The mass media need to be considered in terms of the economic conditions, cultural environments, and political realities of the societies they serve in the region. Since the introduction of mass media in the Middle East more than a century ago, the media have been dealt with as a Western phenomenon. The media and political regimes enjoy a very close relationship in most of the countries in the region. Since the time these countries gained their independence, most have used the mass media as a device to promote nationalism or Islamic universalism (Kamalipour and Mowlana, 1994). In most cases, a powerful executive branch exercises a strong control of the state, including the media, and freedom of expression is repeatedly curtailed. The media have traditionally been seen as a propaganda tool, whereby many voices would confuse and divide rather than create consensus.

Media in the Middle East in general are tightly regulated by a combination of structural arrangements, whereby governments monopolize the press and broadcasting, and legal controls, with all but the bravest deterred from reporting freely on sensitive domestic issues or deviating from official foreign policy when reporting on international affairs (Rugh, 1989). The political power systems in the Middle East utilize the broadcast media as a tool promoting public mobilization. They have, therefore, a strong interest in keeping them out of hostile hands (Amin and Boyd 1993).

Because of the high rate of illiteracy in the Middle East, broadcast media have been very popular and more influential than other forms of media; for this reason, most audiences in the Middle East rely on radio and television for information (Boyd 1998). Although the primary function of broadcast media in many countries in the region is to convey news and information of general interest, interpreting and commenting on events as well as providing opinion and perspectives, the media is also used as a tool to reinforce social norms, cultural identity and cultural awareness through the dissemination of information. Promoting Arab culture, Arab unity and Arabism were the main aims for many of the electronic media systems of the region after the wars with Israel (Rugh 1989, Labib 2002). This is one main reason why radio and television broadcasting in these countries were centralized, and to a large extent, absolute monopolies under direct government supervision. Other reasons include preservation of national unity, protection of national security and centralization in government and administration.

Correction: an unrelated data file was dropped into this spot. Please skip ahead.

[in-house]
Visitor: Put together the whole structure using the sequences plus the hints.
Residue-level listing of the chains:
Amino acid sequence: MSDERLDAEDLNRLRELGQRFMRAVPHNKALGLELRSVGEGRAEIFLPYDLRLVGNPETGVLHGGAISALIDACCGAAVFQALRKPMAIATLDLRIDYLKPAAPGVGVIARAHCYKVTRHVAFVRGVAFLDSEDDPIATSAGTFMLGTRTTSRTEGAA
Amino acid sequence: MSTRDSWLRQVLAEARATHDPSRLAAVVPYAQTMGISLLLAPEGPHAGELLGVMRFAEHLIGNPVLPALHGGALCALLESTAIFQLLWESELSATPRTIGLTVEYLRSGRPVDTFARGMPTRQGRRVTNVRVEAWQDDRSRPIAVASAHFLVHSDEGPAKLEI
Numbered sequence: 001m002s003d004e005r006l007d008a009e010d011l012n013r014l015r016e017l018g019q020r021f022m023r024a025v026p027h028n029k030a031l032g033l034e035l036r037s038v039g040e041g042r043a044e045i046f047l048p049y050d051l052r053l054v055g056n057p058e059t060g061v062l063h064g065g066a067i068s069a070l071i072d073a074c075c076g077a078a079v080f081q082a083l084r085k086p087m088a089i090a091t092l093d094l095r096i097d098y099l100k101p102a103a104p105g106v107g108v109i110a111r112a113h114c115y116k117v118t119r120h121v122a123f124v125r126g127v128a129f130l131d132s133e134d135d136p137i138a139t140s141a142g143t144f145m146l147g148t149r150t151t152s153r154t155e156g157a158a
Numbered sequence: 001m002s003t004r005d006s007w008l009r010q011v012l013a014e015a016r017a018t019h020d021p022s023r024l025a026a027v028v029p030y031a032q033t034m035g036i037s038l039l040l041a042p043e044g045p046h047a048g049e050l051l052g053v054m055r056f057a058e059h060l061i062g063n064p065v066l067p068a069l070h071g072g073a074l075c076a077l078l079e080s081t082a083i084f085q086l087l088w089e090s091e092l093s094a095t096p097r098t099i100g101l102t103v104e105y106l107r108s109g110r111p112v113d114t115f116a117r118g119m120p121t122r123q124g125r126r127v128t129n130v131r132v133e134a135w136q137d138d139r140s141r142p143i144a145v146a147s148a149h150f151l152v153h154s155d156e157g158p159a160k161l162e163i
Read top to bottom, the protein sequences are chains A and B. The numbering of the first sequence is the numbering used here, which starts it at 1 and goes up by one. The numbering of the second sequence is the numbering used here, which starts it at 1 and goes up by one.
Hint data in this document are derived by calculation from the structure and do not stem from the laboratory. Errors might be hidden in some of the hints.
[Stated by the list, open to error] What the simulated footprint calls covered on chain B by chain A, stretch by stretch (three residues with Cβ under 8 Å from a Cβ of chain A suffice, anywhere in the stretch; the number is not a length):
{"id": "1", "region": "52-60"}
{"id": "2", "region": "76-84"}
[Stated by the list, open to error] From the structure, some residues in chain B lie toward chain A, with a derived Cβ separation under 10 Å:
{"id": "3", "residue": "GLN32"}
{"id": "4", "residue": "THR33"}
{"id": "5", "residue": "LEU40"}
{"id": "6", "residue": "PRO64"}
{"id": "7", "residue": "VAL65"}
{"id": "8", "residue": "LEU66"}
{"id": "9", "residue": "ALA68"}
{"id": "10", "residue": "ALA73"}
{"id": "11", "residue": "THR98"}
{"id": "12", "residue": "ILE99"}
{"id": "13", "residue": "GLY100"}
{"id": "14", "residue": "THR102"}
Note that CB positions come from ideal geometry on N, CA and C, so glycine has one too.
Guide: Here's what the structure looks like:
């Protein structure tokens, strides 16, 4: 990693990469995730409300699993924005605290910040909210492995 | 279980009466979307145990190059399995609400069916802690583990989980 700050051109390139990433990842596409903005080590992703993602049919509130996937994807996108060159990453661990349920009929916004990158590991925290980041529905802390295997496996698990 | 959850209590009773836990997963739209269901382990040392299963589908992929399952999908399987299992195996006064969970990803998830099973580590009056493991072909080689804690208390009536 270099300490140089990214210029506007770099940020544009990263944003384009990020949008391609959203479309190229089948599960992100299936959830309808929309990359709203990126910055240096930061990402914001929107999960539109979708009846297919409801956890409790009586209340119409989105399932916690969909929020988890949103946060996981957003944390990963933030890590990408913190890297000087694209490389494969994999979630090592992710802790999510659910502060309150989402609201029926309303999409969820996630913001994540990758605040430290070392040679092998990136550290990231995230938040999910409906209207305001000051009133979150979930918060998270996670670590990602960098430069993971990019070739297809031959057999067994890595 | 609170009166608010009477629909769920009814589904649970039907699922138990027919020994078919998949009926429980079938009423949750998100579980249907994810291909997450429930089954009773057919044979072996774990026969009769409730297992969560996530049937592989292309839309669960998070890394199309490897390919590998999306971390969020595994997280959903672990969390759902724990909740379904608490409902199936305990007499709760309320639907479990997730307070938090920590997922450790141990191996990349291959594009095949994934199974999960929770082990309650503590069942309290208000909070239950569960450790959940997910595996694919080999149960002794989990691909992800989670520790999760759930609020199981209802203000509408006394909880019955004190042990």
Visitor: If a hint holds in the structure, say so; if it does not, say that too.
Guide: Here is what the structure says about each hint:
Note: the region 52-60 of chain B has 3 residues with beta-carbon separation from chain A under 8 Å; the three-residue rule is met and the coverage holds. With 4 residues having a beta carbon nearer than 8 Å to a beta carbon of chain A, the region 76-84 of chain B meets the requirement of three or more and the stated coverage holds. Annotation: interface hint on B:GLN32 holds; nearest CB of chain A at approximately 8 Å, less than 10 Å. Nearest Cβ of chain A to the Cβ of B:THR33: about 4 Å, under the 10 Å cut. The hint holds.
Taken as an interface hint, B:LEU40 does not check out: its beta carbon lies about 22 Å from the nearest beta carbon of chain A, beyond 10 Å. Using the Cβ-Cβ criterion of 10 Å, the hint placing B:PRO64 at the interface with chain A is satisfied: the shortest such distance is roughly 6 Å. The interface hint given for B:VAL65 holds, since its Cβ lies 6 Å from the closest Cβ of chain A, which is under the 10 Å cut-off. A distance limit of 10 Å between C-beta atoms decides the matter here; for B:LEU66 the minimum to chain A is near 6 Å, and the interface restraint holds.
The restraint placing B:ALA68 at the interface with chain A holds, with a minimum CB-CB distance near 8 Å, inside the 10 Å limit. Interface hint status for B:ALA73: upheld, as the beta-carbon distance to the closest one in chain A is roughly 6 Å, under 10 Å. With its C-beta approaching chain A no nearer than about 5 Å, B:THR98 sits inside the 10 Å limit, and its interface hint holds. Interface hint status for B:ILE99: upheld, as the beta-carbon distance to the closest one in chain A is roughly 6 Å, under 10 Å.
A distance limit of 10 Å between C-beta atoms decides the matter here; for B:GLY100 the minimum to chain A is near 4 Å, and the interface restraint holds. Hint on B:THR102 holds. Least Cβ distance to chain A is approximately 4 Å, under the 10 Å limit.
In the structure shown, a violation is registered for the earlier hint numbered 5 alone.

On the other hand, Israeli media is considered more dynamic media. Although they face many restrictions, electronic media in general and television broadcasting in particular are powerful media. Since its start in 1967, Israel Television has been the state's principal and most influential medium, however, Radio and television news is entirely a government-sponsored affair.

The Middle East is witnessing a wave that is transforming broadcasting from a monopolistic system in which few diverse voices are heard to a diverse platform where freedom of speech is a requirement (Amin, 2002). Transnational broadcasting has the ability to circumvent severe censorship laws, marking the end of the censorial culture. It is becoming clear that the more the Arab media continues to present heavily controlled news and entertainment, the more likely Arab audiences are seeking better content from transnational media that are more free than their local systems. (Sakr, 1999).

Transnational broadcasting began to evolve in the 1980s, with the introduction of multichannel delivery environments that reaped the benefits of the lowered costs of launching communications satellites. Furthermore, miniaturization enabled individuals with small dishes and signal decoders to pick up signals directly from satellites (Boyd, 2000). With the introduction of direct broadcast satellites (DBS), broadcasters could reach worldwide audiences directly, without interference from government censors.